The quest for effective treatment against liver cancer and fatty liver disease, has made huge progress as a study led by SciLifeLab Fellow Adil Mardinoglu (KTH) has identified a number of drug targets that can be used in the development of new efficient treatment strategies with minimum side effects. The results were published in Molecular Systems Biology, an EMBO Press Journal.
Biological networks generated for 46 major human tissues were used in order to identify the liver-specific gene targets. Hepatic steatosis is defined as the excessive accumulation of fat in the liver and it is the key characteristic of non-alcoholic fatty liver disease. It is one of the most common chronic liver problems in the world and affects almost 30 percent of the adult population. The disease is the consequence of obesity, diabetes, or excessive alcohol intake and can lead to e.g. cirrhosis, liver cancer and even hepatic failure. There are few treatments, despite an urgent need.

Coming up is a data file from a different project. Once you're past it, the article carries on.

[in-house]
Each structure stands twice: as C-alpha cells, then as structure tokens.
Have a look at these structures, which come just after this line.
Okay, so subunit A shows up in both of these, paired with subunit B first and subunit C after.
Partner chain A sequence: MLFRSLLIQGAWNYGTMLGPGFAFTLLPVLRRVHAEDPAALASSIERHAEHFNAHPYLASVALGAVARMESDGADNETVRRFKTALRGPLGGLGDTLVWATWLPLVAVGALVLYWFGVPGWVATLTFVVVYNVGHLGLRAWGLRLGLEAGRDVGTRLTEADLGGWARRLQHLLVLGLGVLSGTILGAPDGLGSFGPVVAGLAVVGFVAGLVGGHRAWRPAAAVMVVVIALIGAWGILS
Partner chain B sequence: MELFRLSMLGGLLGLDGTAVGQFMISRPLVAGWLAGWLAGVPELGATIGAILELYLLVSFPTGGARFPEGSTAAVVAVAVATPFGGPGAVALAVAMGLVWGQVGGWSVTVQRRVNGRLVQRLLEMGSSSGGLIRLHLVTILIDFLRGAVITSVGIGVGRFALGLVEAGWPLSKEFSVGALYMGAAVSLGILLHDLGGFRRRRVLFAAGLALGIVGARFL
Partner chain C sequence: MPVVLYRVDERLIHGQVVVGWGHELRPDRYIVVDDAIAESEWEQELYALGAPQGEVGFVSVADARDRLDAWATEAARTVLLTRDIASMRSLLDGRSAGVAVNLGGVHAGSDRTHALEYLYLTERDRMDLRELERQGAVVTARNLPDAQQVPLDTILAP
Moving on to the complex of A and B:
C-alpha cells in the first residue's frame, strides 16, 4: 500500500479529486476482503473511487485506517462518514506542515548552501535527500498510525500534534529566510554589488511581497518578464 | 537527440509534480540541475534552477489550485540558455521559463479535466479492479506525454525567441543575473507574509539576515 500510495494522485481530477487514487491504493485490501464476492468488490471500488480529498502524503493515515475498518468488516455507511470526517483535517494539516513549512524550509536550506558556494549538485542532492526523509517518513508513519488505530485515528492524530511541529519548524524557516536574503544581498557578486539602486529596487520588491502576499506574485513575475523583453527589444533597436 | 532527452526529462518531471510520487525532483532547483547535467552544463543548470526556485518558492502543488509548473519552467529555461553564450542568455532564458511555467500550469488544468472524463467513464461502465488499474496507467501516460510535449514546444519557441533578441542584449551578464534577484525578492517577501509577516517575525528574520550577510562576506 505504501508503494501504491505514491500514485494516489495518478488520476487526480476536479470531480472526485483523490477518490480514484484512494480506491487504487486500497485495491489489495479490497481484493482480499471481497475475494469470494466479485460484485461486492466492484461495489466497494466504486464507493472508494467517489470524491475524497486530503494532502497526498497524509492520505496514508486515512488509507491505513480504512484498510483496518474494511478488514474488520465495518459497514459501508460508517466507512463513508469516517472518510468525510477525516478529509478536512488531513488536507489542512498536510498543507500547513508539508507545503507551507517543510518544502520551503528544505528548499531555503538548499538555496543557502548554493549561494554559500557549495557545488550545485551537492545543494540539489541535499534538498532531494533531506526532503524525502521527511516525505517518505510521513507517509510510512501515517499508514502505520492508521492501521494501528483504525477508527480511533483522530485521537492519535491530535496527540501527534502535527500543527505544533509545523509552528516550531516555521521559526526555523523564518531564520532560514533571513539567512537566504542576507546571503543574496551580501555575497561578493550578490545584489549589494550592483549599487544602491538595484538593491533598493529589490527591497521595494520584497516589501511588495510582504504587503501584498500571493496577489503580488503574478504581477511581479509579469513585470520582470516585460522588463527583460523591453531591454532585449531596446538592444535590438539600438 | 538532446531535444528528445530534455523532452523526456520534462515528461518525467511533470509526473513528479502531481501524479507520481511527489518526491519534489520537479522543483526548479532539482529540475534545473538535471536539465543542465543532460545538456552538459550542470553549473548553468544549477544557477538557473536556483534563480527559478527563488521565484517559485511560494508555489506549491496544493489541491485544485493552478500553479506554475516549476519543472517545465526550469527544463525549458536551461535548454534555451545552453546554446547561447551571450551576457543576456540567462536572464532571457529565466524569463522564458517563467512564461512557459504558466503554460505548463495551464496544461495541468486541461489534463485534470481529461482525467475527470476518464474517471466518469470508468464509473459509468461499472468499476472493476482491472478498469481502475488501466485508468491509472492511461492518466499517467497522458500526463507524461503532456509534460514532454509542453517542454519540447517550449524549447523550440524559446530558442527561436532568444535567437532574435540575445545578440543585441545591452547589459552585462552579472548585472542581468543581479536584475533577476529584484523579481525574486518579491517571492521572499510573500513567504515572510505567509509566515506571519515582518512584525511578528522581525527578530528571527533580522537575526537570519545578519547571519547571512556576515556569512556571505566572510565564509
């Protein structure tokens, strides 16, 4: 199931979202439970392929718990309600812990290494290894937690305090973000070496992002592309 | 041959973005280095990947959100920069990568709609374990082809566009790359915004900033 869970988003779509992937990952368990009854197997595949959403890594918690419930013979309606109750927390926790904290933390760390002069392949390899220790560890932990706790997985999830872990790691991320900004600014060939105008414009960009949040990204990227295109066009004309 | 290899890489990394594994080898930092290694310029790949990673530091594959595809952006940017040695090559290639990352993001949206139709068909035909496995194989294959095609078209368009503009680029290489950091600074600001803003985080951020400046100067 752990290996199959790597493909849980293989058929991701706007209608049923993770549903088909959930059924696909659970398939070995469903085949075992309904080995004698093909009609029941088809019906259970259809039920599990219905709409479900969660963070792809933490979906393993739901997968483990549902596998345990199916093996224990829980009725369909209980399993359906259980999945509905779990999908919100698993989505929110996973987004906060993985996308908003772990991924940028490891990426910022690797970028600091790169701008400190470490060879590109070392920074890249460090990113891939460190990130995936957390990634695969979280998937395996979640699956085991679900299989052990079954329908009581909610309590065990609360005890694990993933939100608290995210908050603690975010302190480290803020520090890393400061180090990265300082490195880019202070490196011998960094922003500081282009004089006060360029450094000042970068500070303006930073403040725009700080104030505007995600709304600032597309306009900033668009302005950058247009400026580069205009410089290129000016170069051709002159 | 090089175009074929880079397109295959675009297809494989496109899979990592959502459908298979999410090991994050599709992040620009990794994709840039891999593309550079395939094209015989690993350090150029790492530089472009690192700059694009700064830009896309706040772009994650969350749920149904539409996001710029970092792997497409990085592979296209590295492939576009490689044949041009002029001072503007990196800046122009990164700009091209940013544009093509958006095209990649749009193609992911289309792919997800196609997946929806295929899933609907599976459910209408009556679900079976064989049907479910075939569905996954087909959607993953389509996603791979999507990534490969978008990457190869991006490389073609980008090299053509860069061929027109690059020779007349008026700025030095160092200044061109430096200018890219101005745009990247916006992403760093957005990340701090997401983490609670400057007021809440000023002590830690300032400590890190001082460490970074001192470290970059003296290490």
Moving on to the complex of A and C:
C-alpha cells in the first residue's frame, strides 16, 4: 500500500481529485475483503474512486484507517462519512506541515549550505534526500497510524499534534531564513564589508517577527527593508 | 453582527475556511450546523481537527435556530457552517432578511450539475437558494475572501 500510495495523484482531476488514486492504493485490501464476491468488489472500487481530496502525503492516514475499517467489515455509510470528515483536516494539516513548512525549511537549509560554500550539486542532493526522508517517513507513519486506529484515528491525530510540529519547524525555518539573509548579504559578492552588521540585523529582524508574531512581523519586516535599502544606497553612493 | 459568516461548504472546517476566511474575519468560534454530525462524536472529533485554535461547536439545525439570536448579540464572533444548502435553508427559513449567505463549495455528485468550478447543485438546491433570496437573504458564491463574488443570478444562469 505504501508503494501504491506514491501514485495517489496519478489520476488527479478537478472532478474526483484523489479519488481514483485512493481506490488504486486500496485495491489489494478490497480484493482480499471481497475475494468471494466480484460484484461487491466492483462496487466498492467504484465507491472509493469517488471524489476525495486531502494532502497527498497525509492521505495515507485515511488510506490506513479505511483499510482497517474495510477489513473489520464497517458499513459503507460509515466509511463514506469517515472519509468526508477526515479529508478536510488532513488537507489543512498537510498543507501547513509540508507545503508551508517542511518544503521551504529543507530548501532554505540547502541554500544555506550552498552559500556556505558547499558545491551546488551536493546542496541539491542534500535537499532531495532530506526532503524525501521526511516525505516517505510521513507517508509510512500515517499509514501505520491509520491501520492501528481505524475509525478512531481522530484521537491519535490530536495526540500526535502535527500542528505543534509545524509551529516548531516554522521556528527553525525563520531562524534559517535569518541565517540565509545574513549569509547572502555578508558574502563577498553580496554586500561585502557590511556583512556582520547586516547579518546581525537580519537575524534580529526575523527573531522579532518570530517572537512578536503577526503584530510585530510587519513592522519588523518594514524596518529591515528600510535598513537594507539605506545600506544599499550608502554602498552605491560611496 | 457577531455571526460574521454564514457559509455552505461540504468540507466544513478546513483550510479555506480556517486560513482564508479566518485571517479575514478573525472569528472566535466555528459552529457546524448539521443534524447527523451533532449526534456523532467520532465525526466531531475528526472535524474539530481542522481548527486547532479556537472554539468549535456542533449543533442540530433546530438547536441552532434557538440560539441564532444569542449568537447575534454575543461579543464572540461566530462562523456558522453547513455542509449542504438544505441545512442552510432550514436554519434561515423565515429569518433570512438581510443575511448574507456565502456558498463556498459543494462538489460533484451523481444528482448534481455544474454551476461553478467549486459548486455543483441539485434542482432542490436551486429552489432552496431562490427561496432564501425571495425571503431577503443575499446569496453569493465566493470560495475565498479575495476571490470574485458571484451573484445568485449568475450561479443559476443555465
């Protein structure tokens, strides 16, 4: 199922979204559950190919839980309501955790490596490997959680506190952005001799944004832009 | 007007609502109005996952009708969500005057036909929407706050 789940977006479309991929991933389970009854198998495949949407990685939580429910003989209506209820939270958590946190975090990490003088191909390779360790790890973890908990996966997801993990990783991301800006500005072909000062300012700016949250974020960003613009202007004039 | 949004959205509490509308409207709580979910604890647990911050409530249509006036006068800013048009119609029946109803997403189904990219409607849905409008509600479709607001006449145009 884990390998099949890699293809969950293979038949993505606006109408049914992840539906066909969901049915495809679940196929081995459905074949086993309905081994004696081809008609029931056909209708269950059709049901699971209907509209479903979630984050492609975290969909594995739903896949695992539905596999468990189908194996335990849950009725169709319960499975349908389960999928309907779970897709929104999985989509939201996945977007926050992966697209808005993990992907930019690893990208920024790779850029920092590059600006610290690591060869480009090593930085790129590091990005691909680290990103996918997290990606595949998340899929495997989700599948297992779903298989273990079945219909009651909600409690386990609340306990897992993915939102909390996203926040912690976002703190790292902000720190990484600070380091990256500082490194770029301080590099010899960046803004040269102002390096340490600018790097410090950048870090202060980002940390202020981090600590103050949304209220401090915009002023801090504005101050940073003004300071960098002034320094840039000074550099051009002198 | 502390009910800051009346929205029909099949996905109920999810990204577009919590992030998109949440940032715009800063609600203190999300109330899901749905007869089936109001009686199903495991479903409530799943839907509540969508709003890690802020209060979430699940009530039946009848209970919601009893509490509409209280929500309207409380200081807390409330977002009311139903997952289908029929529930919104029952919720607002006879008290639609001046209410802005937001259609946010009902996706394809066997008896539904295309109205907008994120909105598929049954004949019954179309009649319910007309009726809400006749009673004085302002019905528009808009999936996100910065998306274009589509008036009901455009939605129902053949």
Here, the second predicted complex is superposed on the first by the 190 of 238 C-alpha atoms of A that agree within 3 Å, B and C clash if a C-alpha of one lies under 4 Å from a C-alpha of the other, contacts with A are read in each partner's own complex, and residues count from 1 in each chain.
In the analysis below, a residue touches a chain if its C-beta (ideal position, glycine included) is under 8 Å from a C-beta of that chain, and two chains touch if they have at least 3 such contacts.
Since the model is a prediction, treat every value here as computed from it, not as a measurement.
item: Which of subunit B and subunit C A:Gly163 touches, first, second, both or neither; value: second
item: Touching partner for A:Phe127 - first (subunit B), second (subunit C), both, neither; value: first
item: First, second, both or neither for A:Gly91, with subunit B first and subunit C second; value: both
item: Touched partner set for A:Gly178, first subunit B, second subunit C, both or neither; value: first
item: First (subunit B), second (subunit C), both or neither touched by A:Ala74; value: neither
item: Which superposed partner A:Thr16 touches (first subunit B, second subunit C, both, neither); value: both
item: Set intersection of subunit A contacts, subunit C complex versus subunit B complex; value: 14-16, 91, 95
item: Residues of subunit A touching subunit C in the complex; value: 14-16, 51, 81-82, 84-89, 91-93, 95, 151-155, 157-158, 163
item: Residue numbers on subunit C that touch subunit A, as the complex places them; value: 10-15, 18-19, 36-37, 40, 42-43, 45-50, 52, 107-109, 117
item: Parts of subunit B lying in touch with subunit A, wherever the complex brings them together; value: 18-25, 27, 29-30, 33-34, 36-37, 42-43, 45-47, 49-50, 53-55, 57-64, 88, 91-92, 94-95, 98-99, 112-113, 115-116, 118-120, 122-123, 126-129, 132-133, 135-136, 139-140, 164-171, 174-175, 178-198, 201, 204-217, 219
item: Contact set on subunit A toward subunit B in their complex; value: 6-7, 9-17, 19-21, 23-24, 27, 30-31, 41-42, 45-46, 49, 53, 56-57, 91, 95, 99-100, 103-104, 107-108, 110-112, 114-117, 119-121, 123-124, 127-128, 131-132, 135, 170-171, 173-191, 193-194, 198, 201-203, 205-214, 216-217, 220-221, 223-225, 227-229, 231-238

“We mapped the metabolic changes caused by accumulated fat in liver cells, and combined this data with an analysis of biological networks of liver and other human tissues. Doing so enabled us to identify the liver-specific drug targets whose inhibition will not cause any side effect to other human tissues”, says Adil Mardinoglu.
The study’s network modeling approach relied on data from the Sweden-based Human Protein Atlas project and The Genotype-Tissue Expression (GTEx) project consortia. It can be used in the identification of drug targets and eventually in the development of efficient strategies for treating a number of chronic liver diseases.